Inside, wares were organized (perhaps too strong a word) by type. One of the largest was cloth, colorful cotton cloth imported from Europe. Visitors who wanted locally made indigo tie-dyed fabric could find it, but only with difficulty. With the cloth were other imports—cheap red and yellow plastic and rubber boots and buckets, umbrellas and rain hats, aluminum pots and utensils. These seemed to spoil the purely primitive atmosphere for me, and I passed quickly through.
In one section of the market were stalls with baskets of traditional trader beads, cylindrical glass beads with layers and layers of colors, that were used as currency long ago. A large market-woman sat behind, talking noisily to neighbors but sullenly willing to interrupt the conversation to start a negotiation. Market women always seemed sullen, even in their talk between themselves; it seemed to be a part of the Yoruba tribal nature. A smile and a joke could often warm a Yoruba man, but nothing worked on these women.
Fish market women were the worst. Having had to bargain hard with the fishermen to buy the fish, they bargained angrily and aggressively with customers to sell it. In the heat it was important to unload it early. Any question about the freshness of a fish was deeply insulting and met with proof positive that it was almost still flopping: “look at the gills, still pink,” “look at the eyes, still clear” “smell this fish, very fresh!”
In one deep region of the market were strange things, things hard to explain, rats dried on skewers, paws, bits of furred skins, animal skulls. I assumed they were juju, but I never asked. The women who guarded and sold these things seemed even less approachable than the rest.
Meat was the province of men. Cattle were not slaughtered in the market but were brought by truck into the center courtyard and cut up there. The smell of the freshly butchered meat extended widely from the courtyard (but was overwhelmed in the fish section). It was not a bad smell, but it was distinctive and unconsciously alarming. The meat and organs were displayed and sold on tables under the roofed shed on one side of the courtyard.
One day, as I approached a narrow opening into the courtyard, I had to step aside for a boy of about ten. He was wearing only a pair of shorts, and on his head, upside down, he was carrying the head of a bull, its tongue hanging in front of his face, the top of its head on the top of his, ears hanging down right and left, his hands gripping the ends of the horns as if they were handlebars. He was making a delivery, I guessed, and he smiled as he passed me.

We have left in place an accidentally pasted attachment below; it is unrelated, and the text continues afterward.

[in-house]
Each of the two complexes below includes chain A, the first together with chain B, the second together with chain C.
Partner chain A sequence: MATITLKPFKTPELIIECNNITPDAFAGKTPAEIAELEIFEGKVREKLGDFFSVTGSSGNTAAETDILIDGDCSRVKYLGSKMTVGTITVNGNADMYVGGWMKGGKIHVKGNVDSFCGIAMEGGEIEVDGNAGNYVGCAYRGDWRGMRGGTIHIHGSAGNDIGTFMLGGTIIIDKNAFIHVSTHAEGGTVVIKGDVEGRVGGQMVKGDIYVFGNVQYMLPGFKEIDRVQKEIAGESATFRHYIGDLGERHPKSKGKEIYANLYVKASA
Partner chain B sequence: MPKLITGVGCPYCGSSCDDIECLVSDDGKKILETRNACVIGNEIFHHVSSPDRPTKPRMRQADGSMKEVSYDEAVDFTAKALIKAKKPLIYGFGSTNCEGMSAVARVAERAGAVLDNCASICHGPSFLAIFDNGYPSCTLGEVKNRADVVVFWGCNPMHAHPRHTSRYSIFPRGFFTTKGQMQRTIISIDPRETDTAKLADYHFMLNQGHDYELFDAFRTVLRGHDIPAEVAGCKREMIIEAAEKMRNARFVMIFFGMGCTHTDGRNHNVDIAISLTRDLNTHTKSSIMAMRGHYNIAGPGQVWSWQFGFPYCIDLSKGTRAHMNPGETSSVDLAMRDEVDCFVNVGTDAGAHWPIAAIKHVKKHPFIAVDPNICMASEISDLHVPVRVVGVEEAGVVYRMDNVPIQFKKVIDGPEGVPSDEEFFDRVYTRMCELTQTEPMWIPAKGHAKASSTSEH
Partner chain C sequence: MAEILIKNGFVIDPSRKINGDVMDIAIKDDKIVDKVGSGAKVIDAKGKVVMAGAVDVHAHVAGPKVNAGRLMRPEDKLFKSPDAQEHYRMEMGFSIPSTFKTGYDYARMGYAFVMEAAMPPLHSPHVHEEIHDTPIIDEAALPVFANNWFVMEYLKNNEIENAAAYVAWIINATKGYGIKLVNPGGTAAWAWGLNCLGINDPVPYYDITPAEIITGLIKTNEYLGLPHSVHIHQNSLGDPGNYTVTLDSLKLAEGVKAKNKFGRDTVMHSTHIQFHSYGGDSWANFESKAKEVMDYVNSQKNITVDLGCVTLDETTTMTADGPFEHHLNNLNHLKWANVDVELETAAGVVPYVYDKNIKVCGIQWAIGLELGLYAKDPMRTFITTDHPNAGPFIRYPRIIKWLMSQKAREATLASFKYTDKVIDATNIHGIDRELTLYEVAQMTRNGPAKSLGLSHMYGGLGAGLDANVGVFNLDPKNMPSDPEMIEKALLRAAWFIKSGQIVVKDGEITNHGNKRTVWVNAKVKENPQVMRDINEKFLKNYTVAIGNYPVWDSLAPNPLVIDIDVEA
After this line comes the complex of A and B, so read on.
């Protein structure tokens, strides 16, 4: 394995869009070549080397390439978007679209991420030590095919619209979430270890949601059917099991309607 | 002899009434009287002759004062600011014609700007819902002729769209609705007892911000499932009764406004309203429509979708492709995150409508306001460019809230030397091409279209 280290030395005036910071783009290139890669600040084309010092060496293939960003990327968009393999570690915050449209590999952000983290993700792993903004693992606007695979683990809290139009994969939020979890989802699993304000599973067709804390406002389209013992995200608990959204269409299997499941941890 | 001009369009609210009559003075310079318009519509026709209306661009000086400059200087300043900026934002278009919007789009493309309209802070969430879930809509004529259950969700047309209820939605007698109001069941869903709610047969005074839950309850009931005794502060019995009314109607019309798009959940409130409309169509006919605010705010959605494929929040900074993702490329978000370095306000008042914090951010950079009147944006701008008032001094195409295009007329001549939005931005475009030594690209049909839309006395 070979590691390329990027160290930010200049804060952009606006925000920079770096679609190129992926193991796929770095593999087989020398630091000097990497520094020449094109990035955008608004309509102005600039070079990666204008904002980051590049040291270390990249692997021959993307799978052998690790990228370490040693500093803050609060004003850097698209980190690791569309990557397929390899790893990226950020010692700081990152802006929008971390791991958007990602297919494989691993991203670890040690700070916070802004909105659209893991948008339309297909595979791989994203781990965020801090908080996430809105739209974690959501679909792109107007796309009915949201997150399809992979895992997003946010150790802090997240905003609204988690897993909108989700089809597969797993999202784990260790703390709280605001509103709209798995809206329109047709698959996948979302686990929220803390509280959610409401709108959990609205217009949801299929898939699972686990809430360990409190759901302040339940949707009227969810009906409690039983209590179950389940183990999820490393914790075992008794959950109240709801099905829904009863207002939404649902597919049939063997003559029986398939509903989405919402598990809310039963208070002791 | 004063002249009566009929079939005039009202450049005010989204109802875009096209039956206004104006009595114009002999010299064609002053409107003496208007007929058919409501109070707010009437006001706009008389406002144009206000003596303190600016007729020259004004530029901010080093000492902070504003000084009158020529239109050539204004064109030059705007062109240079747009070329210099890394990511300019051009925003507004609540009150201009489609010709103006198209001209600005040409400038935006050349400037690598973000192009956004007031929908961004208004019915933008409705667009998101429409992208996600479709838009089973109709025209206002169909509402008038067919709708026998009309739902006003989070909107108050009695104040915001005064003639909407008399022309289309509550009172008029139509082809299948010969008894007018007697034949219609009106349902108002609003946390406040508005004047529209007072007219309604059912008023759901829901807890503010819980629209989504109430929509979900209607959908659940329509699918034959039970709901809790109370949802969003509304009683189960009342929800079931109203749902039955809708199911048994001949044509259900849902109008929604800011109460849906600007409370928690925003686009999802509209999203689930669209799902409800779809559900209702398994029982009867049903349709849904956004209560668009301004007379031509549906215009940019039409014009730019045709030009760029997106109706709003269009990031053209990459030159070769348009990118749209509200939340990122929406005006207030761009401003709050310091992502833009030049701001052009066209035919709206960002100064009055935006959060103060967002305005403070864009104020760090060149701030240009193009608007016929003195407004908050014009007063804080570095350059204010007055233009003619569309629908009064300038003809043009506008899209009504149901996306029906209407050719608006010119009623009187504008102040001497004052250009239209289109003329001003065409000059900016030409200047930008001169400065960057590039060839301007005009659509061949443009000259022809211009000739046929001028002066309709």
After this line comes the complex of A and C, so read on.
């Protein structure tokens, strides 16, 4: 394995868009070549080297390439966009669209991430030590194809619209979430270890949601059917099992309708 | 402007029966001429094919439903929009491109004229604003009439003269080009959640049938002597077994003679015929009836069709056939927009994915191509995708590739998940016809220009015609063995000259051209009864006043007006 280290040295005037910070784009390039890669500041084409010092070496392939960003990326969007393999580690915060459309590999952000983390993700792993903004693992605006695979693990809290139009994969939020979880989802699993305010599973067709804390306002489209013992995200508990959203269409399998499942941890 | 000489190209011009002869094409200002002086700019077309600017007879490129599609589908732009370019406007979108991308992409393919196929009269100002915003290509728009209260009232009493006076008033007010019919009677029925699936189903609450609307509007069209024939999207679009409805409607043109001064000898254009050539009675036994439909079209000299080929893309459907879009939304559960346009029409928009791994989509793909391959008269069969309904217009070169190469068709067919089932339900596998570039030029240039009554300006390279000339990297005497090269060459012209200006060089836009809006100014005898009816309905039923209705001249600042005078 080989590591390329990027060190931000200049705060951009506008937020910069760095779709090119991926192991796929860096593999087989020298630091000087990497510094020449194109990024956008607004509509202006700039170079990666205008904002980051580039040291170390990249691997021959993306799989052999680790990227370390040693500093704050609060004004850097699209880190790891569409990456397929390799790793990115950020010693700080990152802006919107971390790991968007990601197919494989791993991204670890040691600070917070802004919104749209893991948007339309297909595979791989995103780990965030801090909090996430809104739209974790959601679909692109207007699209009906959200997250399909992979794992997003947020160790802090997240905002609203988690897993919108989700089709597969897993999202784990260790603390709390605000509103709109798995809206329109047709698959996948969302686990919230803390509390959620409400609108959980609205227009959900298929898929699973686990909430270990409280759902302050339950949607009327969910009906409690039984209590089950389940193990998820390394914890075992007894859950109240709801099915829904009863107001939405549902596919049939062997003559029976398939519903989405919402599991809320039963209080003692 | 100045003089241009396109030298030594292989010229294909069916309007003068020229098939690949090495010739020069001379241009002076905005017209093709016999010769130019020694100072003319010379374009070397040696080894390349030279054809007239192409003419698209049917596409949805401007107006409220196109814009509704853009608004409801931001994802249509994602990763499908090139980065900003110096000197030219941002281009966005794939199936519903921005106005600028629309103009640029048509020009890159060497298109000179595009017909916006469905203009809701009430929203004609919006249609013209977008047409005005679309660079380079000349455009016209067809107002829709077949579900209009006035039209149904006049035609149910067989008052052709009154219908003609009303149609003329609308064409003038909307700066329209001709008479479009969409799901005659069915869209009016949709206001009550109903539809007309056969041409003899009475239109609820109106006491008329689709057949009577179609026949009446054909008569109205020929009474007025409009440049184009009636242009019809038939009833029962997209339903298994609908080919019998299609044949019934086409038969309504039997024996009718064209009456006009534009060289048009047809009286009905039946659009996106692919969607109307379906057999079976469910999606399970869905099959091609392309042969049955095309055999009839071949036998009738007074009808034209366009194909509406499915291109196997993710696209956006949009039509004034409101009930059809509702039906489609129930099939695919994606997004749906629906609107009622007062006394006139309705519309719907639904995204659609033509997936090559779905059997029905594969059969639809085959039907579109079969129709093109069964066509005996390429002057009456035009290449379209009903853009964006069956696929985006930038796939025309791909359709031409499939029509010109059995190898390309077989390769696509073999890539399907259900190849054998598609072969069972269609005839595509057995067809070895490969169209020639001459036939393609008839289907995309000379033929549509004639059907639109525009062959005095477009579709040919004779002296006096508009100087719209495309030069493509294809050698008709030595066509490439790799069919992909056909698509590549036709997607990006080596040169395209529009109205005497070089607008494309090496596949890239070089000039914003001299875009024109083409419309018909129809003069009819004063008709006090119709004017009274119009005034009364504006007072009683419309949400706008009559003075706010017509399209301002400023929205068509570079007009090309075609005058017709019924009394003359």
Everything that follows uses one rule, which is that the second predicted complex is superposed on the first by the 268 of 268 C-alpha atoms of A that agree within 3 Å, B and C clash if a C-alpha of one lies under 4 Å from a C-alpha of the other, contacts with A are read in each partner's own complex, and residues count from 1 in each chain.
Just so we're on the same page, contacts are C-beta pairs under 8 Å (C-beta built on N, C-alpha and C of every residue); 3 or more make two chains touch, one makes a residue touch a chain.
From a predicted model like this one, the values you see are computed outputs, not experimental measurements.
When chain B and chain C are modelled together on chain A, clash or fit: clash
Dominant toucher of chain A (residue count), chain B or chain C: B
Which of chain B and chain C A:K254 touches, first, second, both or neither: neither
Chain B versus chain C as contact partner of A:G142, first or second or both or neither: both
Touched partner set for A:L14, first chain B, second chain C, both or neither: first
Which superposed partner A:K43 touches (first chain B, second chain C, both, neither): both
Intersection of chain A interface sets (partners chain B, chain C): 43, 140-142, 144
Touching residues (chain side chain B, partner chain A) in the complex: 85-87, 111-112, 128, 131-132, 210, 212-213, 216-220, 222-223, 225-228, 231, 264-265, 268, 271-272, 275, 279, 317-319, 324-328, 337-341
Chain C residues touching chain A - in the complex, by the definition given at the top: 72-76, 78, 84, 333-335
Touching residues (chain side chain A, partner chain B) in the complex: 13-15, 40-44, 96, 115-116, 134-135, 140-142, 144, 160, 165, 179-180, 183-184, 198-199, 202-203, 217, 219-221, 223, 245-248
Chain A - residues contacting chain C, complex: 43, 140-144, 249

On my way out of the market that day, I passed a stall in which the market woman was sitting on a square stool made of pieces of the center stalks of palm branches. I had seen such stools before. This was an old one, polished to a rich brown finish by time and by the woman’s seat. I told her I liked it, and when she understood that I meant the stool, she demonstrated that it was solidly made. “No wekeh-wekeh,” she said, as she wiggled her large bottom on it, to show me it didn’t squeak. I asked how much she would sell it to me for. “Five naira,” she said, about ten dollars. “Oh, madam,” I said, “that is too much—three much!” “How much you want to pay?” she asked. “I will pay one naira,” I said. She was astonished. “For good stool with no wekeh-wekeh? No good.” I said “OK, two naira,” and to my surprise she said “Bring money!” I gave her the money, and she got up and handed me the stool. I walked away with it, very pleased to have paid three dollars for a handsome piece of furniture, and my pleasure was not at all diminished by the small boy who ran after me laughing and pointing at me and telling everyone I had paid “two-two naira” for a mere market stool.
Perhaps the pleasure of that win-win is the reason I remember Jankara Market so vividly.